Blog · October 2, 2020

Why Pregnancy Loss Awareness is so Important

Just yesterday Model/Author Chrissy Teigen posted something on her Instagram account that blew me away. Her loss. Her Pregnancy Loss.
The pictures were so devastating to look at, not because of the images per se, but for the memories they brought back in my mind from my loss, long ago.

I don’t think celebrities really know how important it is to share their grief with all of us. Grief sucks. To lose a baby sucks. We, as humans, have a need to not feel alone. I noticed that in the past 24 hours since Chrissy’s loss, a few celebrities have came forward, such as Kate Beckinsale, and shared their loss as well. I have never been so proud and so touched.

There was a point that I started sobbing so hard, I felt compelled to thank Chrissy for posting about her loss because when I lost Alex in March 1995, I felt utterly alone. I felt like a freak, a failure, a loser.

So, I posted the following:

The interesting thing is that October is Pregnancy and Infant Loss Awareness Month, which is the perfect time to speak of this “unspeakable loss” that nobody wants to hear about. How many moms have been shamed into silence? It’s a sad reality of our society nowadays.

But… for a moment, try to imagine the baby you have spent many months in constant company with, the baby you always wanted, the one you have felt grow, move, is suddenly gone. It’s an enormous shock.
Sure, we all know miscarriage can happen, but this thing called “stillbirth” I never did. I didn’t even know the word until my son was stillborn.
I hugged and kissed my baby’s body, even though I knew the soul was gone. It was heart wrenching. But that was after I had to give “birth” to him. Knowing I had to give “birth” to a dead baby seems an oxymoron, but that’s what happens. The body does not just disappear because the heart has ceased to beat.

Then after hours of hard labor your little angel is placed in your arms, silent. Wrapped in a cute blanket. The sweetest face I ever saw. I wanted to see the 10 little fingers and 10 little toes. He was adorable. They took his handprints, footprints and a lock of hair for keepsakes. The name I always wanted to give to my first baby boy is recorded for the stillbirth “birth” certificate, the death certificate, the stone at the cemetery. A name that anytime I hear, even today, pierces my heart with an ache that takes my breath away. I attended his funeral with engorged breast and aching arms. Yes, my body healed, but my soul never will.

We tried again and finally had a pregnancy test come back positive in late August, nearly 6 months later, which we approached with worry and happiness, but after the miscarriage at nearly 8 weeks, I was left physically devastated and it eliminated any optimism I’d felt. Seeing women and children walking happily at the mall or on the street I’d feel a painful longing followed by a sense of failure that only a new baby could fix.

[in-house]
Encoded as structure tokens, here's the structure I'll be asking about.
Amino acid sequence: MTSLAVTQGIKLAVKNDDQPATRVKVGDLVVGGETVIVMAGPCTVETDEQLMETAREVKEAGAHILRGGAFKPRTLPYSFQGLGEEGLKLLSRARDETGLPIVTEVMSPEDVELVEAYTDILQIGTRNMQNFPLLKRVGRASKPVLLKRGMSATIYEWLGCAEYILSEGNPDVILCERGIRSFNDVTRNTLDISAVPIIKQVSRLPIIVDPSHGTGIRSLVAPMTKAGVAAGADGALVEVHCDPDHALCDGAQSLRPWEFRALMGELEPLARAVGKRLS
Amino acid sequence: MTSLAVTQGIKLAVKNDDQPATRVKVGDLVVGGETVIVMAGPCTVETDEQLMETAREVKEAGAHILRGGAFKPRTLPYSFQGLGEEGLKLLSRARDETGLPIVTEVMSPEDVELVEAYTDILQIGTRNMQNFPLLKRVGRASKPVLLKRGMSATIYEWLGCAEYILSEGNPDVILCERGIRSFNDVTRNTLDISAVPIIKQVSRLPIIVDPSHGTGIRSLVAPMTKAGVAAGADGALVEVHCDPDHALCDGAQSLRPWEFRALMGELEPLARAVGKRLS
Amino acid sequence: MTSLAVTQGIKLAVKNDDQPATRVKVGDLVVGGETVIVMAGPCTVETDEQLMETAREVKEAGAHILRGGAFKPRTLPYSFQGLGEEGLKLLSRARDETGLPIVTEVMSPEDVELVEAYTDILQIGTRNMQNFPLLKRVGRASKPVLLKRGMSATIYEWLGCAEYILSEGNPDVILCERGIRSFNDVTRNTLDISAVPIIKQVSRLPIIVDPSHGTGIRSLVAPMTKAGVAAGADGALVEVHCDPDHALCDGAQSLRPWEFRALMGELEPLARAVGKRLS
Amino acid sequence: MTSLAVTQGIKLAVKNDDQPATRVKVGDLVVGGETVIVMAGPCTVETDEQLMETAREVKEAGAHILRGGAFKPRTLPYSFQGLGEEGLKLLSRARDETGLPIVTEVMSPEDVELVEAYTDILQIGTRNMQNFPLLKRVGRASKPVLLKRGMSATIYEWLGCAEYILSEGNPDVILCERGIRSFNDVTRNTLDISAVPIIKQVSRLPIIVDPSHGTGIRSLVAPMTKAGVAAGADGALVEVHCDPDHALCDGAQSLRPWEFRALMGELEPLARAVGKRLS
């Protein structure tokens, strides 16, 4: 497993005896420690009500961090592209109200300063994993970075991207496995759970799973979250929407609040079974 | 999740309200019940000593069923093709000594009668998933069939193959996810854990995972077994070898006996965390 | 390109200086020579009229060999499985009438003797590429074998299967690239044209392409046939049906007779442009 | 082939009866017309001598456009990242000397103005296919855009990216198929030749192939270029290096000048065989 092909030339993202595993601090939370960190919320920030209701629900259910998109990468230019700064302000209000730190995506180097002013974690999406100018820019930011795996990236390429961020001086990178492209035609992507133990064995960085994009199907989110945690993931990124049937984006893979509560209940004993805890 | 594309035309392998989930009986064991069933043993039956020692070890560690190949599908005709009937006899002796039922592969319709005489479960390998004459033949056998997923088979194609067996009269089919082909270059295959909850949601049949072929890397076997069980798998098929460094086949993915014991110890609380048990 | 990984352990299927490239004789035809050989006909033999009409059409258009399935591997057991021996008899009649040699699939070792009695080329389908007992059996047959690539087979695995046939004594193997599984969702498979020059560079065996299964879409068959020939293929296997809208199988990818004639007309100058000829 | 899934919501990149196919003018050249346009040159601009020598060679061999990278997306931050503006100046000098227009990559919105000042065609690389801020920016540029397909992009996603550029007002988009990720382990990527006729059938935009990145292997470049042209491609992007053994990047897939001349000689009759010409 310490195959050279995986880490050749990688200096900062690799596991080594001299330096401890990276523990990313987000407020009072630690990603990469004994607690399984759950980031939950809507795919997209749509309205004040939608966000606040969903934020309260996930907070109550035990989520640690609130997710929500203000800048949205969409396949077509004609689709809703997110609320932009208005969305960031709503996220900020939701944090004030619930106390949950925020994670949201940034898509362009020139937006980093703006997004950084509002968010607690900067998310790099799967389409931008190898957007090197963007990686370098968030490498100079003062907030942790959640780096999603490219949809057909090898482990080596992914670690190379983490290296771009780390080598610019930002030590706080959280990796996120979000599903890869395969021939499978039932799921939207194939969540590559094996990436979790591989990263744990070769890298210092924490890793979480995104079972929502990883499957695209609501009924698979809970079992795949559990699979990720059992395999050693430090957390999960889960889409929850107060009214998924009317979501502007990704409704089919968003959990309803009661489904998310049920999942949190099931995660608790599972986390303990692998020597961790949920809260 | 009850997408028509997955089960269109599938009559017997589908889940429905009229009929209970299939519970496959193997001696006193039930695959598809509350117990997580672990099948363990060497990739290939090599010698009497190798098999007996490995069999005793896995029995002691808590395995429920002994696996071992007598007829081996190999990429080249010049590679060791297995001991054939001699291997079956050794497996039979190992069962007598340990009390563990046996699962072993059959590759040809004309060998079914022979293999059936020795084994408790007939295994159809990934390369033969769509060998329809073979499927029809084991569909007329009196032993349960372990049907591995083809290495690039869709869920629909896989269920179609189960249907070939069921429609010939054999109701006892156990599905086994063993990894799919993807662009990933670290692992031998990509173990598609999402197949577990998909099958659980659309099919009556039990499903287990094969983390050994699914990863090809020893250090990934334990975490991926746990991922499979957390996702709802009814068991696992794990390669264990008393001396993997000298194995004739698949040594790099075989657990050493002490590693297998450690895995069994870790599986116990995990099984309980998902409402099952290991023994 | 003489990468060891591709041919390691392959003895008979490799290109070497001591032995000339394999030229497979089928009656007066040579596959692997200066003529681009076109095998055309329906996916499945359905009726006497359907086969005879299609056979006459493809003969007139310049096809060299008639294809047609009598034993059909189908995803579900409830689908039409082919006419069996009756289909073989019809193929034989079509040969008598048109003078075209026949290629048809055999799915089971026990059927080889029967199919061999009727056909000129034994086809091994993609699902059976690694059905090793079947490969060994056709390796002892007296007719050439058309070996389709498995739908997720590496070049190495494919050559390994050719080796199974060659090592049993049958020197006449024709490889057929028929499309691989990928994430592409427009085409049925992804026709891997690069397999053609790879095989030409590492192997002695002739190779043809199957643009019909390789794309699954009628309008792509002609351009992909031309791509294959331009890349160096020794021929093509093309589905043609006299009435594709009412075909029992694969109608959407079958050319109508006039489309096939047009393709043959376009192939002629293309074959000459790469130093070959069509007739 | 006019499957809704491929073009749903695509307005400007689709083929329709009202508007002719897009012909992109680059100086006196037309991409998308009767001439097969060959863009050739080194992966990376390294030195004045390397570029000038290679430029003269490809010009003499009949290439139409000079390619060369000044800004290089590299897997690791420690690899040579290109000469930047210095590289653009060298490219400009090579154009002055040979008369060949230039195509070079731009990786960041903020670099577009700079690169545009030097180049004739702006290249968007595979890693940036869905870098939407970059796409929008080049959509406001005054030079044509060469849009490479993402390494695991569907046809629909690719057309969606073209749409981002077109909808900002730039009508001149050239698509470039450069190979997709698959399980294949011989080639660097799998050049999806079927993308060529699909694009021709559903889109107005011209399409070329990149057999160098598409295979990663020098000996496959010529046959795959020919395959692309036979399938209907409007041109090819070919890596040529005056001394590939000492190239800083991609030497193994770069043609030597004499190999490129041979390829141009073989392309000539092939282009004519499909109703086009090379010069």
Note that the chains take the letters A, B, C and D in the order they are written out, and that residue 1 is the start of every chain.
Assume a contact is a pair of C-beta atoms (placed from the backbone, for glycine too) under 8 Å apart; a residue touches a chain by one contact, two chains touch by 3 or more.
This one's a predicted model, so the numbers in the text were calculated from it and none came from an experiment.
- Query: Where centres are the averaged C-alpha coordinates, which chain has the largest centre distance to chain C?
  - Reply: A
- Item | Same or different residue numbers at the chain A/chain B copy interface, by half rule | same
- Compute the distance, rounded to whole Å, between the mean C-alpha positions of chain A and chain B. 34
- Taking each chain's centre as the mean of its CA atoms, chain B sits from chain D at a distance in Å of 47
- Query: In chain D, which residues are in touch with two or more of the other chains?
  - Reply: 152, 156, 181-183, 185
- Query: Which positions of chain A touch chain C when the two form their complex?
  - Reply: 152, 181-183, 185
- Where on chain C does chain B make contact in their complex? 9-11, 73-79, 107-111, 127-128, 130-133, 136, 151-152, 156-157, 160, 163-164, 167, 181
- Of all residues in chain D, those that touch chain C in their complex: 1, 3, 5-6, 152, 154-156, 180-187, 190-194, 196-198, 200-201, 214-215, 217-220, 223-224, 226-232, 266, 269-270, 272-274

White I was happy that if I was going to lose this baby anyway, losing it early was best, it was still a loss I had to get over before trying again. Not that you ever get “over” per se, but one needs to find a perspective on things before moving forward. So, we waited a little while until I was ready.

I found out I was pregnant again, this time with Nicky, in April 1996. I would lie if I said that that pregnancy was easy. I was worried the whole time. When you lose two pregnancies, just because you’re pregnant, that doesn’t mean you’re going to have a baby. It was never a foregone conclusion. When Nicky was born in late November of that year and was diagnosed with EB, his Doctor told us he wouldn’t live to see his first birthday. We were devastated. I loved this little “live” bundle of joy so much, EB or not EB, that I was determined to love this amazing little creature as much as I possibly could for as long as he lived. Of course, he lived well beyond his 1st birthday, as he’ll turn 24 in November. He’s truly my angel on earth.

Once you have a child with a disability, and had a miscarriage and a stillbirth, you can never take another pregnancy for granted. When I was pregnant with Connor in 2003, I was not exactly living in fear, but I was aware… I was very well aware… When he was born healthy I almost could not believe it. What other moms take for granted was to me an absolute MIRACLE.

When people ask me how many “children” I have, I normally say I have 1 in heaven and 2 on earth, although, to pay homage to the little girl I miscarried, I ought to say 2 in heaven and 2 on earth. It just depends on the mood and occasion, I suppose. But one thing remains. My babies in heaven are always thought of and will never be forgotten.

Love & Light,